Sunday, December 19, 2010

When Is Prostitution Not Prostitution?

This interview from the BBC with a woman who works as an "escort" - selling sex - makes for very uncomfortable viewing. But it also serves to highlight one of the big problems with finding solutions to the abuses and horrors of the industry.

First of all the woman being interviewed insists that she is not a prostitute (or prostituted woman as many survivors prefer to be known) but an escort. When asked what the difference is she explains that (1) she worked indoors on the streets and that (2) she didn't wear high boots. Later she describes being physically forced to have unprotected sex against her will. The interviewer (less than tactfully) suggests "that's rape" and she responds saying she didn't see it that way because she was paid.

Now evidently what is happening is that she is in deep deep denial of what she goes through. But this is totally unsurprising - people in unbearable situations develop multiple personalities issues to allow them to "be someone else" during the awful bits. We know that many rape victims convince themselves that what they have experienced isn't rape as a coping mechanism. Should we be surprised that victims of repeated systematic rape and other abuses use euphemistic language to help them survive their experiences?

And bear in mind the stigma attached to words like "prostitute" and "rape victim". While men who pay for sex and rapists are often hailed as hyper-masculine. My boxing gym still has Mike Tyson's face on the wall and Wayne Rooney still plays top flight football and appears with his glamourous "WAG" wife in magazines like "Hello".

We have to distinguish however between being respectful to those who have had traumatic experiences and wish to chose their own language to describe them and those who are in fact defending the "right" of abusers to carry on abusing.

1 comment:


Agree we do have to be careful not to pathologise women who are or were involved in prostitution but at the same time it is essential we focus on why prostitution is now perceived as 'just work.'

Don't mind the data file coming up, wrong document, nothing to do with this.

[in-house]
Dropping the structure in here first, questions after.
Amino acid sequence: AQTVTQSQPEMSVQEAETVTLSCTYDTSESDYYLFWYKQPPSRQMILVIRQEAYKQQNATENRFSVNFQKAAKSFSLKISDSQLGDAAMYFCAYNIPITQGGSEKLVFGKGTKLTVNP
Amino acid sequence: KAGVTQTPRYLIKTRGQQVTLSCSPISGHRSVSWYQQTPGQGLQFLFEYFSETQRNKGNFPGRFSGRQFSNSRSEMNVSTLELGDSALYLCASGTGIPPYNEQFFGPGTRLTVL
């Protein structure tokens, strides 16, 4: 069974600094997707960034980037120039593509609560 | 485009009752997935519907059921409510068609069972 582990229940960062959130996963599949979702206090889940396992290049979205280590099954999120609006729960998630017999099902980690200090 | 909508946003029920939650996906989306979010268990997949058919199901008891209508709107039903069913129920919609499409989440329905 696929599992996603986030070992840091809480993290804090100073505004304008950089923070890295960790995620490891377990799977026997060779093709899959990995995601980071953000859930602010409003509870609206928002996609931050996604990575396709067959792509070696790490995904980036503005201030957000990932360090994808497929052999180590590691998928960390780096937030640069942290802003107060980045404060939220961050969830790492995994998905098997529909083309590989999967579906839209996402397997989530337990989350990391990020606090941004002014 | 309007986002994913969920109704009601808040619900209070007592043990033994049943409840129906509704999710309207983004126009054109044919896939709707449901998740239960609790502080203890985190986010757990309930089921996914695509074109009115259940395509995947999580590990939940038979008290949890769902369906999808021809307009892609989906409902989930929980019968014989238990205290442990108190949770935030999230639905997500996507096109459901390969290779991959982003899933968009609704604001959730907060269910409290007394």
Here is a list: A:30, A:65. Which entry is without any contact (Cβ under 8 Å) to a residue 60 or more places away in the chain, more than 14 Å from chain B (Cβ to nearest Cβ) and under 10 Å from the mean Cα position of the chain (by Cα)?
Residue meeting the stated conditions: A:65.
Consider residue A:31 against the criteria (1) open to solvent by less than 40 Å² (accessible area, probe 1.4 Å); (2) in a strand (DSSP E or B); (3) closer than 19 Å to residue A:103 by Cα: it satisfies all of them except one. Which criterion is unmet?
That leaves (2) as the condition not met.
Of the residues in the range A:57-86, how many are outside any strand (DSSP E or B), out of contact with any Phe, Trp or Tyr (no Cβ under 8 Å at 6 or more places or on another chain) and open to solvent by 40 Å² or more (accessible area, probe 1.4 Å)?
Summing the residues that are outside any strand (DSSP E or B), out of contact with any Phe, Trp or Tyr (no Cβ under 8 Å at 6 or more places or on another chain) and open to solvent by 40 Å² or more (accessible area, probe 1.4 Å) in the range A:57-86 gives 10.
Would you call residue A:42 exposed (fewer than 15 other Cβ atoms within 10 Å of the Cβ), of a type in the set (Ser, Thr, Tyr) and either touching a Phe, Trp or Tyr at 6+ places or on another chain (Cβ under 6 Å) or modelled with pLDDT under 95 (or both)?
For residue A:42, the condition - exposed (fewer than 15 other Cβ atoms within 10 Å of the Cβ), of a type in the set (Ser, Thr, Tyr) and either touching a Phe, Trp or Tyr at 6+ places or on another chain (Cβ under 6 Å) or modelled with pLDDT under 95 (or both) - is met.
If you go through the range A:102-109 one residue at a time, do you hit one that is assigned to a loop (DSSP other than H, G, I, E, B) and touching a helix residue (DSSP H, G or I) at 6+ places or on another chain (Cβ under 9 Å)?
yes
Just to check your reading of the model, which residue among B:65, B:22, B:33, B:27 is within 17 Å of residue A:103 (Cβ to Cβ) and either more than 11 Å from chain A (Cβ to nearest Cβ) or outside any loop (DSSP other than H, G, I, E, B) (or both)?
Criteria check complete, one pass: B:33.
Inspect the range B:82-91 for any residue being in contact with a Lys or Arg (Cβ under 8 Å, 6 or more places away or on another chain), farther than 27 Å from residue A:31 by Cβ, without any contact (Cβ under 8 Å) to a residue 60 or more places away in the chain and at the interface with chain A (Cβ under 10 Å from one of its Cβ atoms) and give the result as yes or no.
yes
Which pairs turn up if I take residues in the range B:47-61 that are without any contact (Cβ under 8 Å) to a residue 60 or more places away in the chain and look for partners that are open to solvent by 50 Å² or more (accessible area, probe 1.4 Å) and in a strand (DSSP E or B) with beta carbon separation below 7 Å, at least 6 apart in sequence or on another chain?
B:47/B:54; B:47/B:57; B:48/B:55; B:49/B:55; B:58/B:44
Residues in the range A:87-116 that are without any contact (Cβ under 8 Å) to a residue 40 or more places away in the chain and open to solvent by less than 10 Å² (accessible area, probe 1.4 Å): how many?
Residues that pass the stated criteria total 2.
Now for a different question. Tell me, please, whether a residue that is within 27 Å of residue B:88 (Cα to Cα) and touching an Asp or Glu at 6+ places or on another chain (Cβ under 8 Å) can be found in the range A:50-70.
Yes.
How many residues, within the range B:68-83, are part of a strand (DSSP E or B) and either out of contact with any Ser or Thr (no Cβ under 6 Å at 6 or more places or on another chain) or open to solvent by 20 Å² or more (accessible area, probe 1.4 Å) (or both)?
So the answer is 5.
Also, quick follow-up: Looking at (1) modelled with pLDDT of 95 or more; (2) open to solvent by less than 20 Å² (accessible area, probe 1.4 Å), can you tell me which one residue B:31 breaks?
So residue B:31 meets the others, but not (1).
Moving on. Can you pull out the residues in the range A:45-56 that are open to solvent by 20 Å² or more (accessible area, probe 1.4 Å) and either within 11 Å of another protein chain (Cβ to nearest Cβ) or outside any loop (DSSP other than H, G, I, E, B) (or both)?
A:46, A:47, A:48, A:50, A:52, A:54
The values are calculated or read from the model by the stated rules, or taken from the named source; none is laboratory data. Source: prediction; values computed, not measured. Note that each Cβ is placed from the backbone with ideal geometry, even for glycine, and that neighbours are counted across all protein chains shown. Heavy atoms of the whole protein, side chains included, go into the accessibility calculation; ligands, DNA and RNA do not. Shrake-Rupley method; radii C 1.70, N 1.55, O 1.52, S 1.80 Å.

Certainly many female survivors of male violence find it very difficult to face the reality that they were victimised and it is because the word 'victim' has been so stigmatised by our male supremacist system that many women do not want to recognise the fact they did not have the power to prevent a male(s) from raping/committing other forms of violence against them.

However neo-liberals do not want to focus on how power continues to be held by men as a group, instead they insist that women and men have equal rights and equal opportunities.

This is why it is vital we focus on how and why our male supremacist system maintains male domination over women and how it operates by stigmatising women involved in prostitution but simultaneously ignoring the real issue - which is male demand.

Indeed there is a danger of accepting whatever any woman says about her experiences of male violence and thereby not providing her with a way of recognising what little if any 'choice' or 'agency' she had to prevent herself from being subjected to male sexual violence.

We do not routinely inform anyone who has burgled that they 'chose' to allow the burglar to rob them but we must supposedly accept uncritcally, women's coping strategies when they deny they were subjected to male sexual violence.

Who benefits if we uncritically accept women 'choose' to enter prostitution? Why men of course because such uncritical acceptance does not challenge male pseudo sex right to women. Slavery is now seen as a violation of women's and men's human rights but that does not prevent many enslaved women and men from believing they 'chose' to become slaves because they prefer to believe they had a 'choice' even when none existed.

This is what coping strategies mean - they are used by women who are victimised by men and the male supremacist system to maintain their belief in having autonomy and agency - even when none exists. To be totally powerless is something no one wants to experience - hence a victim has to deny they were powerless and reduced to being controlled by a more powerful person.

That is why feminism is seen as so dangerous to the male supremacist system because it does not focus on individual women's experiences per se but looks at the bigger picture - how male domination and male power over women is justified and excused. It also means not accepting uncritically everything a female survivor of male violence says but rather seeks to enable the female survivor to understand what happened to her, rather than perpetuating the lie that she has 'agency and choice' when in fact none exists. But it does not mean bluntly telling a woman survivor of men's violence she was a 'victim' because this only reinforces her belief she was responsible not the male perpetrator. It takes time for female survivors of men's violence to recognise who is responsible and not all female survivors will accept this - our system is designed to ensure male perpetrators' actions are always invisibilised and it is always the female victim who is supposedly responsible.